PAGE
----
And it sent me to my recipe files for a makeover because it seems that making this dish into a delicious gluten-free recipe is a challenge.  Readers say the dumplings are too hard, or they break apart in the liquid;  they are too dense, too dry.  I had the same experience at first.  I dug out the dish from my past, the one my mother made in our Yankee kitchen (although this recipe has its roots in Southern traditional),  and I tried to create something equal to the taste and texture of the meal I remembered.  After several tries, I got it just right!

Here’s How I Made it Over 
The first time I made this with a high protein flour blend.  The results were tasty but too dense.  The dumplings didn’t rise and fill the pot as I expected.  Then I opted for a white flour blend and added baking powder and butter.  This time, they were just right.  The dumplings had doubled in size; they filled the pan! The texture was light and they had the mouthfeel I remembered from my gluten-filled years.

The first time, I poached a whole chicken in broth and vegetables, the way my mother had done.  But no one has time to wait that long for a delicious meal.   Next time, I poached boneless chicken breasts.  They take 5 to 10 minutes.  You could also purchase a cooked rotisserie chicken, as long as it’s gluten-free, and remove the meat from the bone.   As a final tip, you’ll want to scoop the dumpling dough onto simmering (not boiling) liquid and cover the pot tightly.  Don’t peek while the dumplings cook. These aren’t as tasty as leftovers, so you’ll have to eat them all in one sitting which should not be difficult.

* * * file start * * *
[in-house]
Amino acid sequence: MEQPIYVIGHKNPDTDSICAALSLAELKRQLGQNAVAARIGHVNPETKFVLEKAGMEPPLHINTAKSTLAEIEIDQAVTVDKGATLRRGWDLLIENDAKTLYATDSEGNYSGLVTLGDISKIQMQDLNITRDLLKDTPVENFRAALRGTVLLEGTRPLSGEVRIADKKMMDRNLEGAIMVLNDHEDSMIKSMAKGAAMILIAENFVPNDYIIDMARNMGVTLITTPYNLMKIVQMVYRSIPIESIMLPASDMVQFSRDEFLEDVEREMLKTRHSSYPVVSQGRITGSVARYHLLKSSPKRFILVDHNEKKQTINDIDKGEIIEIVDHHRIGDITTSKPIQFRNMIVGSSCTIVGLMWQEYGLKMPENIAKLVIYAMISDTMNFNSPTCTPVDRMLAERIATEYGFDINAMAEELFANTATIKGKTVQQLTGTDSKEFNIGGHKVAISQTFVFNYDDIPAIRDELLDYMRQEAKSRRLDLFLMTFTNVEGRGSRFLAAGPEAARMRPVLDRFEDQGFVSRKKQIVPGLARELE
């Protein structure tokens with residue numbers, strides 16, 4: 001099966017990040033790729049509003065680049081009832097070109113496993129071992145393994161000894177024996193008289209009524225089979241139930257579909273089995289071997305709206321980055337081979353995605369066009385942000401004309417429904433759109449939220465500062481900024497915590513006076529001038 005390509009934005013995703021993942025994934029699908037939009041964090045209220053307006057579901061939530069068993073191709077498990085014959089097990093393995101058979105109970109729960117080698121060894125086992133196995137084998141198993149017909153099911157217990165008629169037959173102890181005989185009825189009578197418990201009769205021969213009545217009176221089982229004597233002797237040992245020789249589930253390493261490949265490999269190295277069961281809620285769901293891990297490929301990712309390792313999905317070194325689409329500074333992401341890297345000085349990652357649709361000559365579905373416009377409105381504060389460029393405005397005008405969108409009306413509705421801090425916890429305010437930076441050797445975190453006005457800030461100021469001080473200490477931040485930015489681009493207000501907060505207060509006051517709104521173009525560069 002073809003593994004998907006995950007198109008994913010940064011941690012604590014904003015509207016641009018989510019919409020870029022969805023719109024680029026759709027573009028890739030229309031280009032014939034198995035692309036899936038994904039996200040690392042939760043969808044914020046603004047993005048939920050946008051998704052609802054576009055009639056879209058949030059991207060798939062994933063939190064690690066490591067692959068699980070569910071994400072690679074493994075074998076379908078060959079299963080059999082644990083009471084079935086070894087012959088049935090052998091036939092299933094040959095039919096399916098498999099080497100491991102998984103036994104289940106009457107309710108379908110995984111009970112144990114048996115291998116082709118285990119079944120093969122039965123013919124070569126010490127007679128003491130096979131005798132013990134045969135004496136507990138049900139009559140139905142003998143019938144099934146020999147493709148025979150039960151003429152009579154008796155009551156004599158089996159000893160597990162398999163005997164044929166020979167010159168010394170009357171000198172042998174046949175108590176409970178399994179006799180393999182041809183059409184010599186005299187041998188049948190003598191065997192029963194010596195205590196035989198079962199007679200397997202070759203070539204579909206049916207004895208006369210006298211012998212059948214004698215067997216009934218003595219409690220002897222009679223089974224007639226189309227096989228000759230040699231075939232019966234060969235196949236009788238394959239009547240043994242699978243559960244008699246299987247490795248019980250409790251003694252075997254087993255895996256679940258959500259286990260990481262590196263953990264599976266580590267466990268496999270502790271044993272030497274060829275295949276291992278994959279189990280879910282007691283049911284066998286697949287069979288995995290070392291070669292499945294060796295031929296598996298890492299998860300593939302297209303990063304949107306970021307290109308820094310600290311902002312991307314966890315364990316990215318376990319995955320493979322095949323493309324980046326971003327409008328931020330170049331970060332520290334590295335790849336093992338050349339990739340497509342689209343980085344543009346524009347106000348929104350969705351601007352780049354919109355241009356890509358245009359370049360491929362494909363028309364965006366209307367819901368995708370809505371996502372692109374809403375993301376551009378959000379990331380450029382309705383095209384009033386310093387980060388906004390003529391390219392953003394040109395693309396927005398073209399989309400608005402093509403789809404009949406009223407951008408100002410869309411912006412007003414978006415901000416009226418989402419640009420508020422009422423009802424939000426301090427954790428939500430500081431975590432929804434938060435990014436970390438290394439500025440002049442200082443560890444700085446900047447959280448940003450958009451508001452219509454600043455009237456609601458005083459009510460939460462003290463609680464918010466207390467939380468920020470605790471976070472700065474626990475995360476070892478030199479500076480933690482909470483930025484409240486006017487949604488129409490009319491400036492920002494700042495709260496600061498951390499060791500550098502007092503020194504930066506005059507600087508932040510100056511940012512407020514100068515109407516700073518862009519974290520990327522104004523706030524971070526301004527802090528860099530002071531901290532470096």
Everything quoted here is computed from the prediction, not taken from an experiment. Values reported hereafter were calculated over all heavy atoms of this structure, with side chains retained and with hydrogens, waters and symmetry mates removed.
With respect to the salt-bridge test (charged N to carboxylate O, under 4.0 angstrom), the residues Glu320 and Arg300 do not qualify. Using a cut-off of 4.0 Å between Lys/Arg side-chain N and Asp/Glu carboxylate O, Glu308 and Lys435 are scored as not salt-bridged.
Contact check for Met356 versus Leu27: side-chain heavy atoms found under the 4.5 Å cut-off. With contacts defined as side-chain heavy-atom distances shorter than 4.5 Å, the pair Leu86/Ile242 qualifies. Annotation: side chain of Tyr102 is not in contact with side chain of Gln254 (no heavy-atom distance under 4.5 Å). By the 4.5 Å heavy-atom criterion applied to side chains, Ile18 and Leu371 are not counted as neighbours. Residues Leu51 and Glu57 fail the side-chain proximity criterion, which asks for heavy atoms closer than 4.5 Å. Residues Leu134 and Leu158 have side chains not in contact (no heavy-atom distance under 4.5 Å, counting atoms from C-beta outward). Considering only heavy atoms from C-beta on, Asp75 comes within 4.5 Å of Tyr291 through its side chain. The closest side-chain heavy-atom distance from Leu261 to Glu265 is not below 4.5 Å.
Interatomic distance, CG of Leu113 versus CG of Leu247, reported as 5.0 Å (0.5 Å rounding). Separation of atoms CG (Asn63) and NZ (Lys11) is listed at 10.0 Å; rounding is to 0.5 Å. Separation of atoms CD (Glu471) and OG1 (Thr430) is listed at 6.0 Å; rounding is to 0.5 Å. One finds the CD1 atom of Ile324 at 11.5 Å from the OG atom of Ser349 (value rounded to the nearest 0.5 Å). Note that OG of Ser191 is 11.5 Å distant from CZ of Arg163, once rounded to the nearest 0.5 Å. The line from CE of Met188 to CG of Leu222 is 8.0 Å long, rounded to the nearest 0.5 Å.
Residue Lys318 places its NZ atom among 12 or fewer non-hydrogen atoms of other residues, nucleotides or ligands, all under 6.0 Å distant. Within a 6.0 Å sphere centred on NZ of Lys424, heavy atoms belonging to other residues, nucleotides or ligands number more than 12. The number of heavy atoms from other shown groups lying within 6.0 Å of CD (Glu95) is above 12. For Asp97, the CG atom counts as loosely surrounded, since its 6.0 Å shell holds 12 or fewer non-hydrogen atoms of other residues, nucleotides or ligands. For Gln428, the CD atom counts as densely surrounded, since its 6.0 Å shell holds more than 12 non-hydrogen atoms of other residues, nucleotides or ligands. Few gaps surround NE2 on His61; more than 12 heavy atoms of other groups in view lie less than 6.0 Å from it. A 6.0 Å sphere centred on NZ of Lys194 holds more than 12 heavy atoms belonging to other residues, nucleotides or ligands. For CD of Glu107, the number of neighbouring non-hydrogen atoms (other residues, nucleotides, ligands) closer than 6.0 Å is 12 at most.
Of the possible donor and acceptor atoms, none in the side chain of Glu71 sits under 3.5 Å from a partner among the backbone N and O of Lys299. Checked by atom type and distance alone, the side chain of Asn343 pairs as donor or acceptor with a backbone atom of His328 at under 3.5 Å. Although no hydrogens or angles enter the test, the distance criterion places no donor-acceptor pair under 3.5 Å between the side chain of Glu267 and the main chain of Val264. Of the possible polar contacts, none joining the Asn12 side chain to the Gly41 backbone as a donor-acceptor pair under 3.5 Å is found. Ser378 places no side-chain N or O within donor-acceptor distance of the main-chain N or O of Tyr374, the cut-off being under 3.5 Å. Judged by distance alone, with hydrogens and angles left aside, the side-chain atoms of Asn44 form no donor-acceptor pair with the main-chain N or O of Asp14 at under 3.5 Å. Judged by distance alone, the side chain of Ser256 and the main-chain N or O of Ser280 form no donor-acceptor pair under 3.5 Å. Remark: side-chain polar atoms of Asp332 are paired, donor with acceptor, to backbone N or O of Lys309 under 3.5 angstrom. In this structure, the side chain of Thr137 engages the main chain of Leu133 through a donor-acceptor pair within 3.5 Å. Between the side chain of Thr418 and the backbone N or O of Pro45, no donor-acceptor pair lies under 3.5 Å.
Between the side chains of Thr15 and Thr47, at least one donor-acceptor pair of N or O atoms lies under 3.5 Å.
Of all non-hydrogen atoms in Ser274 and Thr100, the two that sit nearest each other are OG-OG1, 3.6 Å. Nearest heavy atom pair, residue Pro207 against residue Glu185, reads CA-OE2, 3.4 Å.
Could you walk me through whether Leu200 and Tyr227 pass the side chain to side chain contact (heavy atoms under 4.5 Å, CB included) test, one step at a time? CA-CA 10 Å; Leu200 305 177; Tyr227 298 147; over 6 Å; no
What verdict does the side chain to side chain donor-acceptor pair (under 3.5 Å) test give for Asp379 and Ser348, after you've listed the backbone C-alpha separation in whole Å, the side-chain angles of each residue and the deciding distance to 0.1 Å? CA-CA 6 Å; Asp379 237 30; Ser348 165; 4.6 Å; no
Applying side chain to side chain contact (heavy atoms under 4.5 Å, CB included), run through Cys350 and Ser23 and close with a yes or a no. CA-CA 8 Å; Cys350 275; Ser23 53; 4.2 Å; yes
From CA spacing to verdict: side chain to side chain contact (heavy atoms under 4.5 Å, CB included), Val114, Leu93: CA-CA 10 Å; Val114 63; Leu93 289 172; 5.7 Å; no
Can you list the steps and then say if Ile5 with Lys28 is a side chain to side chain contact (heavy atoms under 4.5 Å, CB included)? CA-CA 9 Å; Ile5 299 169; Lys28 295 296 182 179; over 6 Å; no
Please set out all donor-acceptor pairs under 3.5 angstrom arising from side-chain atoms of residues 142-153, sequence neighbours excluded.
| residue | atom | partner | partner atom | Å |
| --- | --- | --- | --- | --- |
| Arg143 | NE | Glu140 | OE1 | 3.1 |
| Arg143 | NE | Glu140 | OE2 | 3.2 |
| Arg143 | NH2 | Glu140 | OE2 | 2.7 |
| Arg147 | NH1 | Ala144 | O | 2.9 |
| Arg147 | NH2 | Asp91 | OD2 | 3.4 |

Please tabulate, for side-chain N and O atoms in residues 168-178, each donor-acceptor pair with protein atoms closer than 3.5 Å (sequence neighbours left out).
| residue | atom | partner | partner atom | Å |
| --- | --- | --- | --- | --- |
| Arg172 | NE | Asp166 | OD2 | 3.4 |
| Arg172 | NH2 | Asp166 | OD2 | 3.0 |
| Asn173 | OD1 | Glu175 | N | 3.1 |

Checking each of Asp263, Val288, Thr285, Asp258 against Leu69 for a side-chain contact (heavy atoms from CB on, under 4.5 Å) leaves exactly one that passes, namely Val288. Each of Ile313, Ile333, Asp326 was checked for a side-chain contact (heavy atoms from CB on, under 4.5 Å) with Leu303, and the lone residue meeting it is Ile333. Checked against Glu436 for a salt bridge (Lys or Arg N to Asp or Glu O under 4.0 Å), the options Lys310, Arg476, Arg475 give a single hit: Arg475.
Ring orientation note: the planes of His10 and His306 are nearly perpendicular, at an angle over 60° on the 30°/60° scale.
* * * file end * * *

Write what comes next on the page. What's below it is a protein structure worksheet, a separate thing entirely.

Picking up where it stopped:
This is a food that will nourish your soul AND your tummy.

Chicken and Dumplings  Serves 4

Chicken and VegetablesTop Recipe Makeover

1 quart gluten-free chicken stock, more as needed
1/4 cup dry sherry or vermouth (optional)
1 clove garlic, crushed
1 pound boneless, skinless chicken breast
Salt and freshly ground pepper
1 medium onion, roughly chopped
2 celery stalks, trimmed and chopped
3 medium carrots, peeled and chopped
3 medium parsnips, peeled and chopped
2 medium potatoes peeled and cubed
1 teaspoon dried thyme
3/4 cup frozen peas, thawed
1/4 cup minced fresh parsley leaves
Ground black or white pepper

Dumplings
(Makes about 12 dumplings)

2 cups all-purpose gluten-free flour blend*
3 teaspoons baking powder
3/4 teaspoon salt
2 to 3 tablespoons minced fresh chives or other fresh herbs
2 tablespoons butter, melted